Fredelle Brief remembers a time when people used to swim in the Don River.
Those days are long gone, but the public consultation facilitator for the City of Toronto is hopeful that the river can one day be restored to its former pristine condition.
Brief was a guest speaker at the Friday meeting of the Leaside chapter of the Canadian Federation of University Women. She described the city’s Central Waterfront Project and its efforts to restore the polluted Don to its previous state to the over 50 members in attendance.
“We want the Don River to be the way it was a hundred years ago,” she said.
Currently, the river does not meet provincial water quality objectives and has been labeled an “area of concern” by the city. It is one of the most sullied ecosystems in Toronto, and the reasons are plentiful.
“Firstly, wet weather flow, which is the runoff caused by heavy rainfall or snowfall, creates pollution for the Don River,” Brief explained.
Brief said that rain or snow accumulates on roads, roofs and parking lots. As it travels on these surfaces, the water collects debris and dirt and enters Toronto’s storm sewer system.
Brief also revealed that the issue is a modernized problem.
“It was all right when the storm water went into the soil, but it isn’t right now,” she said.
With synthetic surfaces, the excess runoff water collects such pollutants as oil and metal pesticides that eventually end up in streams. Storm water pollution causes a high concentration of bacteria and creates poor water quality by producing high levels of metal and organic toxins.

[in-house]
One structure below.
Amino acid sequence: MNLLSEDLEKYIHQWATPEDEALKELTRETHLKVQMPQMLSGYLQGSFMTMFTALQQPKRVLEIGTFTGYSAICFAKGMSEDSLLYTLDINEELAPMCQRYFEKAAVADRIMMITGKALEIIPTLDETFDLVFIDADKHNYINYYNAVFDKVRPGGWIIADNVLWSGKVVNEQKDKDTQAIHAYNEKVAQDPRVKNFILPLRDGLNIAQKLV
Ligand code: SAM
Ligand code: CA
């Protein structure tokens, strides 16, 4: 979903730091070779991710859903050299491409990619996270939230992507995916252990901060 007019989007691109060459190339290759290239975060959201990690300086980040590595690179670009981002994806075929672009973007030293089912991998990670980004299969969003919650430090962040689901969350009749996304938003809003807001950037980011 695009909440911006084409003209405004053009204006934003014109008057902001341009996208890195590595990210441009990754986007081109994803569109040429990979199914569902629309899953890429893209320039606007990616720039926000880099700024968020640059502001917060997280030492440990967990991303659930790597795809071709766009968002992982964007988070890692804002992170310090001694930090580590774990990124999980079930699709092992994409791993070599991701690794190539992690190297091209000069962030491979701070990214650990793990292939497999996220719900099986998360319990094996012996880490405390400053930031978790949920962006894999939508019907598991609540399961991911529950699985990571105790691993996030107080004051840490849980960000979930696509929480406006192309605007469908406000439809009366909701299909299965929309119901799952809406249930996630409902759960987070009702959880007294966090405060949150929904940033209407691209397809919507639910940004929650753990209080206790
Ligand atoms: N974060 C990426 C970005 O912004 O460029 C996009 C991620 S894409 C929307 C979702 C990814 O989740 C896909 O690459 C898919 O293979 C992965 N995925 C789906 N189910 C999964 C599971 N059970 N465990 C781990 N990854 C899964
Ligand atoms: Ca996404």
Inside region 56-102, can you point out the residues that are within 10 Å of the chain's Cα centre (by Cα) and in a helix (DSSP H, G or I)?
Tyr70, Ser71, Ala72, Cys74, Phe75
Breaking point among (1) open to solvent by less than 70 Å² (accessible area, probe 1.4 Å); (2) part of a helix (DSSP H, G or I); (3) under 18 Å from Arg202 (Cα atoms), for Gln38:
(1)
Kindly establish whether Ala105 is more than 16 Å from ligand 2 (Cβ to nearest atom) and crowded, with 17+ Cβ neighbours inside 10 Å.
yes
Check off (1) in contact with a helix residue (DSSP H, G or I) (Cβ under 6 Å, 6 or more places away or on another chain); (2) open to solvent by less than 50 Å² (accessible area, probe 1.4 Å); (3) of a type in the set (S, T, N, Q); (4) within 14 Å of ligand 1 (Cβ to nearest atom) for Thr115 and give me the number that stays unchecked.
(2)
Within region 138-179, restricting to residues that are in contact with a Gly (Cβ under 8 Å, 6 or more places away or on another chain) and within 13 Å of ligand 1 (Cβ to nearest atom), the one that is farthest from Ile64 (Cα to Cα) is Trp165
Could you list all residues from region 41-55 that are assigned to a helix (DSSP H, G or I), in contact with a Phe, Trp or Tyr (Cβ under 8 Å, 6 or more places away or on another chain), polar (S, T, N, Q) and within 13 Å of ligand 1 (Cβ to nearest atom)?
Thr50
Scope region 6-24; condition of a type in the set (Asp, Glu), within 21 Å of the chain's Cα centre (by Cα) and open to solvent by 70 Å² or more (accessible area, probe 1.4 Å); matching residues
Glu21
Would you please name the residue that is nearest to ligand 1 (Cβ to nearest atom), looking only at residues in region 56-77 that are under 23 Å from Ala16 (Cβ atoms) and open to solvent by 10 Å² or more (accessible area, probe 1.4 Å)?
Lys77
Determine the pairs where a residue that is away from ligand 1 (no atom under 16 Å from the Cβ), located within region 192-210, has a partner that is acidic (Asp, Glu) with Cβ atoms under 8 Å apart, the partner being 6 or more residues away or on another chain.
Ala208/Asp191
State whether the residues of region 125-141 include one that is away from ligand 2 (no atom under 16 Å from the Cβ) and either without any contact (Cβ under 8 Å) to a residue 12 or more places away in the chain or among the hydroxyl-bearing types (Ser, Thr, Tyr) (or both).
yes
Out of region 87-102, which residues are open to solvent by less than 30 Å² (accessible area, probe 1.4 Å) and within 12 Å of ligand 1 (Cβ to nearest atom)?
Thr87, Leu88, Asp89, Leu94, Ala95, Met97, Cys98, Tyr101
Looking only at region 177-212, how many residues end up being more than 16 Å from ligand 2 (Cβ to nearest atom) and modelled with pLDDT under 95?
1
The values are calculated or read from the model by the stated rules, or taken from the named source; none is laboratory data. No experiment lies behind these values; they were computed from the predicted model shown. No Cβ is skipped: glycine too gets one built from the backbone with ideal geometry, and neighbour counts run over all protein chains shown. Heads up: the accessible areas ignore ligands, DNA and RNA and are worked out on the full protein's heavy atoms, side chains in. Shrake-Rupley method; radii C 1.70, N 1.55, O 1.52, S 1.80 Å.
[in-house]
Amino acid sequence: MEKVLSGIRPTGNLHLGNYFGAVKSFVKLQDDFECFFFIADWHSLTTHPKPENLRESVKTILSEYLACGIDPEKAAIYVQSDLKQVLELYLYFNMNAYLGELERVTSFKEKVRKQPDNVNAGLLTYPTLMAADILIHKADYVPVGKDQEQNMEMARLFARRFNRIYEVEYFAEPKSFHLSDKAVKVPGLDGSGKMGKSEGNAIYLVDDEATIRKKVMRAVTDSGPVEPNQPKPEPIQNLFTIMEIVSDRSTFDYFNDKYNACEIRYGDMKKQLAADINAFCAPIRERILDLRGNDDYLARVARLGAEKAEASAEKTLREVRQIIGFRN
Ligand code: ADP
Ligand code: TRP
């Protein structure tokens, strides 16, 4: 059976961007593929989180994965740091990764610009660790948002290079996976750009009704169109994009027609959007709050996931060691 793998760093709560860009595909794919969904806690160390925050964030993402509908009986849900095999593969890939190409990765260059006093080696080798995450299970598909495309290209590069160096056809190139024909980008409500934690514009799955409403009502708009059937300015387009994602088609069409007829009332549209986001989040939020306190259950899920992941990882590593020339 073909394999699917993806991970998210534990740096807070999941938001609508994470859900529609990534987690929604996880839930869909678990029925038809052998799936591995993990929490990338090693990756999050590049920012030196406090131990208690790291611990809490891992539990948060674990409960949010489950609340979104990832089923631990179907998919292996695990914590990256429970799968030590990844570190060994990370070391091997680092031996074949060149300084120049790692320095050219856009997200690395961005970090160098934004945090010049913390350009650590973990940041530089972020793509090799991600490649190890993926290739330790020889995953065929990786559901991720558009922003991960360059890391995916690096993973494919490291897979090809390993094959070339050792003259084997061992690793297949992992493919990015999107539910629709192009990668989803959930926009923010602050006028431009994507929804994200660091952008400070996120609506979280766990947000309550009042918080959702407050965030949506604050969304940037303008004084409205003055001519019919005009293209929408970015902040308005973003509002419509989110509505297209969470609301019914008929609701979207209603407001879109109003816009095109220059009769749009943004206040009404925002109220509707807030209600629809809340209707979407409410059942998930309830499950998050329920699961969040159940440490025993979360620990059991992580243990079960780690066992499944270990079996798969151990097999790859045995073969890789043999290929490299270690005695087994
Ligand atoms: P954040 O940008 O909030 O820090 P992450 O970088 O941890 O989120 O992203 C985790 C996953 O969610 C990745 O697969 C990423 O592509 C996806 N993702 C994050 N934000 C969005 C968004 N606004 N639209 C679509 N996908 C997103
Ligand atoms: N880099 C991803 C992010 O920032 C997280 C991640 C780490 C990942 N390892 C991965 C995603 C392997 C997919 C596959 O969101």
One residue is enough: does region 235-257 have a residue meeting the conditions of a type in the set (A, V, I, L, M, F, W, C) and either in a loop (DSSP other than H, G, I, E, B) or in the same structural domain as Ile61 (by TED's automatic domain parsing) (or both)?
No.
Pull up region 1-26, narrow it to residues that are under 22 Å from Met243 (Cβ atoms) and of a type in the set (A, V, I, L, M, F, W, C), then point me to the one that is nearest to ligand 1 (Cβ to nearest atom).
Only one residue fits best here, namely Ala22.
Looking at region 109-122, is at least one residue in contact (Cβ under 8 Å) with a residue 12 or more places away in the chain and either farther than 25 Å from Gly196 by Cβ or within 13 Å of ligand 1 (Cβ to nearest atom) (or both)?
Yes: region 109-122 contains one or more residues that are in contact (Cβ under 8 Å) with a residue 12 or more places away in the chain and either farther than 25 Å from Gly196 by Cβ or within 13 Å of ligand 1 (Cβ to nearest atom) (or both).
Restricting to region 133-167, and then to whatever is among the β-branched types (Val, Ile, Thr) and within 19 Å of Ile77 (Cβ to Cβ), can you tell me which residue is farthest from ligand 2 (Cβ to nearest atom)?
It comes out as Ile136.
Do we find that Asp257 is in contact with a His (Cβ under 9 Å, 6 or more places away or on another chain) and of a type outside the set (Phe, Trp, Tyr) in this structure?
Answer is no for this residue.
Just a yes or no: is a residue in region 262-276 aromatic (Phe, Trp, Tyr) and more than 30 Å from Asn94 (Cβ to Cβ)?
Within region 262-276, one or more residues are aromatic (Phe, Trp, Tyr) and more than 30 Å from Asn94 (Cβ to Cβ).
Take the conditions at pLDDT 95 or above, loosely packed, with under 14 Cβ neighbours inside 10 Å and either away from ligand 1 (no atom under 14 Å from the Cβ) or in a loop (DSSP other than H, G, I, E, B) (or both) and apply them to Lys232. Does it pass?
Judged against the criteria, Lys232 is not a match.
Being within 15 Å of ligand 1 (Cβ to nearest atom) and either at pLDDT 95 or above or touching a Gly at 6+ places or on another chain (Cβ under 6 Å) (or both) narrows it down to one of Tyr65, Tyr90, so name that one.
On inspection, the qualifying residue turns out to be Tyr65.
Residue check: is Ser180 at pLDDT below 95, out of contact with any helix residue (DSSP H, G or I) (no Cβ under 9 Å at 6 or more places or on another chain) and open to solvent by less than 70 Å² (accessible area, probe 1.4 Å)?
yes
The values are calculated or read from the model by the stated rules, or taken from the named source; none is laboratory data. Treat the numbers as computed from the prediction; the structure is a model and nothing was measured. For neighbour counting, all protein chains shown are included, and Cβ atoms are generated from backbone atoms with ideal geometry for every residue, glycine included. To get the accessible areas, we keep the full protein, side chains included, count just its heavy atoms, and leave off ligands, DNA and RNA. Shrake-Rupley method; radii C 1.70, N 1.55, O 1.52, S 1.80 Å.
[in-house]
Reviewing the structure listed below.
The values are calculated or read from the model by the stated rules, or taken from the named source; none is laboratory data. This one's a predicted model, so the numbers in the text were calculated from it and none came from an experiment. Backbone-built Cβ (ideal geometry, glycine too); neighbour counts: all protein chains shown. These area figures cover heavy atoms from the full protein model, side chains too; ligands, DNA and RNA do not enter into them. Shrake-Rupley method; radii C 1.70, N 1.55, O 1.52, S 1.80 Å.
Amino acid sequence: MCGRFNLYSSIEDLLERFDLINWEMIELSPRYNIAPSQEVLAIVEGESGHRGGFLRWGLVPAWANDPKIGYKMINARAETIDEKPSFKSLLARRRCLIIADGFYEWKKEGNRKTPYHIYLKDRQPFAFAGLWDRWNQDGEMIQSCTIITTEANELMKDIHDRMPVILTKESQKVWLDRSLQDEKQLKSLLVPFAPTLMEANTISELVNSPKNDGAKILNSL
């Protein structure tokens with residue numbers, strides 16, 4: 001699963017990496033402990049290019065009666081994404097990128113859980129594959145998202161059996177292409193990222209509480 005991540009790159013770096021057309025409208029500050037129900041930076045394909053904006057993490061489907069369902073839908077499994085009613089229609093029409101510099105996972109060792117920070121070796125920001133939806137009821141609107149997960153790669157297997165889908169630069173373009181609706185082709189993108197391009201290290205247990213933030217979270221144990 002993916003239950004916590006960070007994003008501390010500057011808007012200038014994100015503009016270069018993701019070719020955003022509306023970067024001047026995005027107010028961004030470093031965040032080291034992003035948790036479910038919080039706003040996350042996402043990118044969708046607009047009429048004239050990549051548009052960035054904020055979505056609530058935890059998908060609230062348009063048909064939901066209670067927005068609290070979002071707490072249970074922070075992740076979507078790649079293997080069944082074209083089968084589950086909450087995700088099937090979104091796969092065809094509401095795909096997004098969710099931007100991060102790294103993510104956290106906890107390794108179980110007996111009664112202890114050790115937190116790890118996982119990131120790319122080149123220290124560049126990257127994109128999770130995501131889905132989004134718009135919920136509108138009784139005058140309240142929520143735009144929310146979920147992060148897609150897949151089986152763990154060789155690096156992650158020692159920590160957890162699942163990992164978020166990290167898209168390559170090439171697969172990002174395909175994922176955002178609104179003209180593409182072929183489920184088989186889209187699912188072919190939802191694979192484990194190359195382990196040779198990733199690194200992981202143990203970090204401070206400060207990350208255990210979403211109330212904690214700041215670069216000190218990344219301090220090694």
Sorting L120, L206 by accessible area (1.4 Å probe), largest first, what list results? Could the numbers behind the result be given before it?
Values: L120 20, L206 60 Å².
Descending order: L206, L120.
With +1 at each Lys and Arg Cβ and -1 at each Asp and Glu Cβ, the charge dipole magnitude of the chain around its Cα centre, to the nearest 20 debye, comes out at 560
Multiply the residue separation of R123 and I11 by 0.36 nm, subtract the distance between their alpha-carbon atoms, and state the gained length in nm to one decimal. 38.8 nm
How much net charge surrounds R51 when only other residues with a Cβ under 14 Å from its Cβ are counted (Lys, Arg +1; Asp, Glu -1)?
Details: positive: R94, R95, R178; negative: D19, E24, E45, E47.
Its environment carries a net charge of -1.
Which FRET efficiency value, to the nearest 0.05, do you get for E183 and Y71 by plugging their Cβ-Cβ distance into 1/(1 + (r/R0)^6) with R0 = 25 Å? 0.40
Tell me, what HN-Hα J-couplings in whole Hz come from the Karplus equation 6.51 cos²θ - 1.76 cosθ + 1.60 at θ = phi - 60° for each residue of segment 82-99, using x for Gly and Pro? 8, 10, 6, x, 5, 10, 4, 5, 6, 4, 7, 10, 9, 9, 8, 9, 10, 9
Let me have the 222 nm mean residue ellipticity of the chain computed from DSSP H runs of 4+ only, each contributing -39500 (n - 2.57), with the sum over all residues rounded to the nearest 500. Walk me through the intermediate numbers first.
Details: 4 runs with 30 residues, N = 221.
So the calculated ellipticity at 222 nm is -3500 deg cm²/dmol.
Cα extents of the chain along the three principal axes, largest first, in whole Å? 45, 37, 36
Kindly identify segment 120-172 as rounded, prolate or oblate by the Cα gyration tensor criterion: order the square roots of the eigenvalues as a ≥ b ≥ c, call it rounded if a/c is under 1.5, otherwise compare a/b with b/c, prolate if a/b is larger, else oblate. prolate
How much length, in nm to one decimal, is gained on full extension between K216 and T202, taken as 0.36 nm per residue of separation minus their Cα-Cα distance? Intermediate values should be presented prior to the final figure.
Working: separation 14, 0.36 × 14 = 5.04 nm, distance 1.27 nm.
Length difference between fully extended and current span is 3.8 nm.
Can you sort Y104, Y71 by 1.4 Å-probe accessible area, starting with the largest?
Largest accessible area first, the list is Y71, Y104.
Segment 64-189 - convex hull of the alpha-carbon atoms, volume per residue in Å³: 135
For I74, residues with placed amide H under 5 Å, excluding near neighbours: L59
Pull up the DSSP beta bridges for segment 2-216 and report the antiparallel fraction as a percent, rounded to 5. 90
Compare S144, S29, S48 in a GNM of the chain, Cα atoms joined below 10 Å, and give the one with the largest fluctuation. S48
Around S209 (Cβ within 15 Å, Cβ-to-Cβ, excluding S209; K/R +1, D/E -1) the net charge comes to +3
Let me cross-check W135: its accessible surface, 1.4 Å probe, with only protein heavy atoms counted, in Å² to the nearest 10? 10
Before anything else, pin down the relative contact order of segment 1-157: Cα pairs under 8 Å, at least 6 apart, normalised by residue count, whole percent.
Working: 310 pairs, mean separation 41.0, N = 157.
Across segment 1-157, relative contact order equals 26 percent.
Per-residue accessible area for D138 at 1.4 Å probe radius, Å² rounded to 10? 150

Problems also lie in Toronto’s infrastructure. When it was originally built, the storm water route and sewage systems were combined underground. Today, the abundance of synthetic surfaces causes the storm water to overflow in the sewer system; the sanitary waste and sewer water combine.
“The sanitary waste is going into the sewer system and directly into the lake,” Brief said. “And that’s what we want to do something about. That’s what we want to capture and treat.”
She suggests the city install an additional sewer to collect the polluted water before sending it down to the Ashbridges Bay Plant.
“The Coxwell trunk… gathers all the sewage that is going down to Ashbridges Bay Treatment Plant.… We need flexibility with this trunk,” she said.
Brief believes there are different ways people can contribute to solving this environmental concern at home. She said installing water-efficient appliances will help prevent sewer systems from being taxed at maximum capacity and planting trees will absorb excess storm water, putting less strain on the sewer system.